The bulk of the work is taken up by the four chapters on secondary studies stretching from 1529 to 2016. As mentioned above, scholarship on Ammianus has multiplied notably faster than the rate of classical scholarship as a whole, and a nice illustration comes in the fact that Jenkins’ own 1985 doctorate is less than halfway through these chapters of secondary studies. My own first ‘publication’ in 2002 (a doctoral thesis: indeed
Jenkins even includes some Master’s theses) comes when there are still 150 pages of entries to go.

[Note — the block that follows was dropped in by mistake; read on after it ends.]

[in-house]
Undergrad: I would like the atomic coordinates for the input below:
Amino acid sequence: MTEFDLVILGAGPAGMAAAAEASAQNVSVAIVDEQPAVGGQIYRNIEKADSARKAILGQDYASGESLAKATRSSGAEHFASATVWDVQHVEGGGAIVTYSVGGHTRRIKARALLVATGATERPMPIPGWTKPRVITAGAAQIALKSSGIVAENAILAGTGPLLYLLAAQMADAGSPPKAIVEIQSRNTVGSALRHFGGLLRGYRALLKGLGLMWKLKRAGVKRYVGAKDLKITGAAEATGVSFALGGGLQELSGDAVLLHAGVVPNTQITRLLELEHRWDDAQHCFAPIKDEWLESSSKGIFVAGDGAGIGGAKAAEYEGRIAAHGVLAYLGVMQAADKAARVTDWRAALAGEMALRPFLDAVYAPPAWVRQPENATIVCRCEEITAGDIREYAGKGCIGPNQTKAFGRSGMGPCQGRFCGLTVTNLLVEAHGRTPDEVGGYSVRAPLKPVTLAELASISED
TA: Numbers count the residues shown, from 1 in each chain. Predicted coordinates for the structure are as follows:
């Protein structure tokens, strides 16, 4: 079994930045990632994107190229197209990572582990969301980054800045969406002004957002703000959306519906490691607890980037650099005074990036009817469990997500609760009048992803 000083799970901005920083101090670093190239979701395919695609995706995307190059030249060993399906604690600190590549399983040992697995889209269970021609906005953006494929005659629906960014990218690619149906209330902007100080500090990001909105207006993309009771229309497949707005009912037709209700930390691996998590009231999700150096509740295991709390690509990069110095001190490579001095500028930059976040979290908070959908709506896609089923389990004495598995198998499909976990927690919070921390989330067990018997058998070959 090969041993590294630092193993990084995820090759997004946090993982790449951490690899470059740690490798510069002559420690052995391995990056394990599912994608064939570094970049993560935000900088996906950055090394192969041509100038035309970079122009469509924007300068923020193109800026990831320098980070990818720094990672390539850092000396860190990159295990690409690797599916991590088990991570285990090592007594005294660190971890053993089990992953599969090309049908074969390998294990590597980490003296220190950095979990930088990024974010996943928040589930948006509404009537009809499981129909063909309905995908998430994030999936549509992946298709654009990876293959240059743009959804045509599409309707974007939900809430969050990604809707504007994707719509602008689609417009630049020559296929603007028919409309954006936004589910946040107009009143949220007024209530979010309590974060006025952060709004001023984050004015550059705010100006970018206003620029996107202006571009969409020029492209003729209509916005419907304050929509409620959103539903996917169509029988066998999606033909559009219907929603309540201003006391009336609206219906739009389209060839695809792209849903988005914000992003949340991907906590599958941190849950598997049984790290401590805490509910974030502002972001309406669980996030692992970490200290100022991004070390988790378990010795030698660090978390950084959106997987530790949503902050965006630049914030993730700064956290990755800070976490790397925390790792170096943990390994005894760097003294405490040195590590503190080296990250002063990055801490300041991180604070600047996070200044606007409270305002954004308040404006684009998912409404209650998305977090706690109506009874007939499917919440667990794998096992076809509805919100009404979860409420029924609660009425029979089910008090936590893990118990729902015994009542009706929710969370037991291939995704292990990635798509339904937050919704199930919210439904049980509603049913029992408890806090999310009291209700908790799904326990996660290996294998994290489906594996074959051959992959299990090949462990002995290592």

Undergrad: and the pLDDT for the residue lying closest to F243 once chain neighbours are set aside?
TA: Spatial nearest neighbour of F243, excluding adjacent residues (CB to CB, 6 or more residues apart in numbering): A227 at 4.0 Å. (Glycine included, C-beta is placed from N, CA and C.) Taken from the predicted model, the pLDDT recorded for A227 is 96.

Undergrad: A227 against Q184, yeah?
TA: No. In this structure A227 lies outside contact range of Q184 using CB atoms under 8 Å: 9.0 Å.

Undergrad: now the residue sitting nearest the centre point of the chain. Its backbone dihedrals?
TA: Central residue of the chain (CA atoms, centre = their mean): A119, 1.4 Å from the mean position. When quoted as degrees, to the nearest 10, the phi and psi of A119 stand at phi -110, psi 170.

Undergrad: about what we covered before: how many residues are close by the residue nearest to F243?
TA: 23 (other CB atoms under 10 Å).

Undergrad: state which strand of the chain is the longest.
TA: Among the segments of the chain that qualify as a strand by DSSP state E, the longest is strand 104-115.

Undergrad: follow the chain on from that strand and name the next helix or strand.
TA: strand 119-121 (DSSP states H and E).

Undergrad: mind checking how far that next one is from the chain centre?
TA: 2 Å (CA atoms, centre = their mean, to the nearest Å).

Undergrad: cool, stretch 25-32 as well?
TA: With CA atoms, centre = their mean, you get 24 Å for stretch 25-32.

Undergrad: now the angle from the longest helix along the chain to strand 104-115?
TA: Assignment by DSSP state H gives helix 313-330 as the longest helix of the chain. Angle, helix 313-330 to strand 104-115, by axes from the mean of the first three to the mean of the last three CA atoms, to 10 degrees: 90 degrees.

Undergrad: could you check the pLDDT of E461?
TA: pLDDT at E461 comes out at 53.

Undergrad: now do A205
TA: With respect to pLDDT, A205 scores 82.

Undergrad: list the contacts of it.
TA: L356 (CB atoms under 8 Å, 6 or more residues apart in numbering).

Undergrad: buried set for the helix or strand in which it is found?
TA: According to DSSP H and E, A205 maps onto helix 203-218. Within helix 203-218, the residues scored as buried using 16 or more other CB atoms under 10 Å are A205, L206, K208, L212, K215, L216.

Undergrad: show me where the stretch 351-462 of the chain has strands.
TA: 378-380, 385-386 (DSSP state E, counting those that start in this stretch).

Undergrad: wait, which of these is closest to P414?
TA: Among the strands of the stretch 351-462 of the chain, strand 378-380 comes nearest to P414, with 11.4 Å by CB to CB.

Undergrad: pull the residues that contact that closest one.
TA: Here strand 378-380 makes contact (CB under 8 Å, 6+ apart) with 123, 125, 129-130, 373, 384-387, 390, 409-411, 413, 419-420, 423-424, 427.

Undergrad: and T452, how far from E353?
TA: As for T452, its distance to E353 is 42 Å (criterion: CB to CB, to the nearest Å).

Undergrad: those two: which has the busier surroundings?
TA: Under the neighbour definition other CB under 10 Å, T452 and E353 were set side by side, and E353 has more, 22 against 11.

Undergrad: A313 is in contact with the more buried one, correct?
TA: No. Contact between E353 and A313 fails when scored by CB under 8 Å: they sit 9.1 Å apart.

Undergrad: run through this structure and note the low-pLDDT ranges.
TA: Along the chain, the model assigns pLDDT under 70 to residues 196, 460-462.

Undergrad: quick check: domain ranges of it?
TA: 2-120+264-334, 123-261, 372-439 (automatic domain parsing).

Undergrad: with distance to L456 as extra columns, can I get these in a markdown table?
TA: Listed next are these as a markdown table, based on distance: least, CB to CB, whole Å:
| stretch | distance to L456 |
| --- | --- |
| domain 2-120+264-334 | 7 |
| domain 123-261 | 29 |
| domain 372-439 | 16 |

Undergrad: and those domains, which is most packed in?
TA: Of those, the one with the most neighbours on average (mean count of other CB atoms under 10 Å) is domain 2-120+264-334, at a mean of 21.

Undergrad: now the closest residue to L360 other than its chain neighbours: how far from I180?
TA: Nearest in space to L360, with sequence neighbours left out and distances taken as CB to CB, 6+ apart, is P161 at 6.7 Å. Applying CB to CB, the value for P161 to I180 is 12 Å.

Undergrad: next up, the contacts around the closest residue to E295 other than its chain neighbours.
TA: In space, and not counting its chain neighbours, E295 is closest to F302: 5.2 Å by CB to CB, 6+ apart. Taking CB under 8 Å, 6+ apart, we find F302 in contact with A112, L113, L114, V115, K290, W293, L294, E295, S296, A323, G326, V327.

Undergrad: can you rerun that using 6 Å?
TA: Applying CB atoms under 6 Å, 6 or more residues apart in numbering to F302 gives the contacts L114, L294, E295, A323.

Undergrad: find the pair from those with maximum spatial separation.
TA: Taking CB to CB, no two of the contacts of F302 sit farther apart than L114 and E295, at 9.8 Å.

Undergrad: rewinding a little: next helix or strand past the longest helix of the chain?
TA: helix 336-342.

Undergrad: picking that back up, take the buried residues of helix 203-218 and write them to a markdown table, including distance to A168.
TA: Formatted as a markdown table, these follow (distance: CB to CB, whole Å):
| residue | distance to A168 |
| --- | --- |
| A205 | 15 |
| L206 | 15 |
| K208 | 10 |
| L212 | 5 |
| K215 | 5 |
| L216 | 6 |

Gaps are few. The books and articles identified before 1800 are, as Jenkins acknowledges, not completely comprehensive, but this terra incognita may be where the contribution will be greatest. To give two examples: an editor using the first secondary work listed, Beatus Rhenanus’ Res Germanicae (1531), will find a number of generally accepted emendations normally attributed to later scholars and, as I shall show elsewhere, the work can also solve some problems related to the sources of Gelenius’ edition of 1533. (Jenkins does not include Mundt’s edition of Rhenanus’ work with translation and studies.) Secondly, while I asserted confidently ten years ago (CP 104 [2009]) that the chapter divisions and headings created by Adrien de Valois for his edition of 1681 had been preceded by a different set of divisions and capitula in the Le Preux edition of 1591, I learned to my own embarrassment of a third set of chapter divisions and headings in the 1611 edition of Gruter.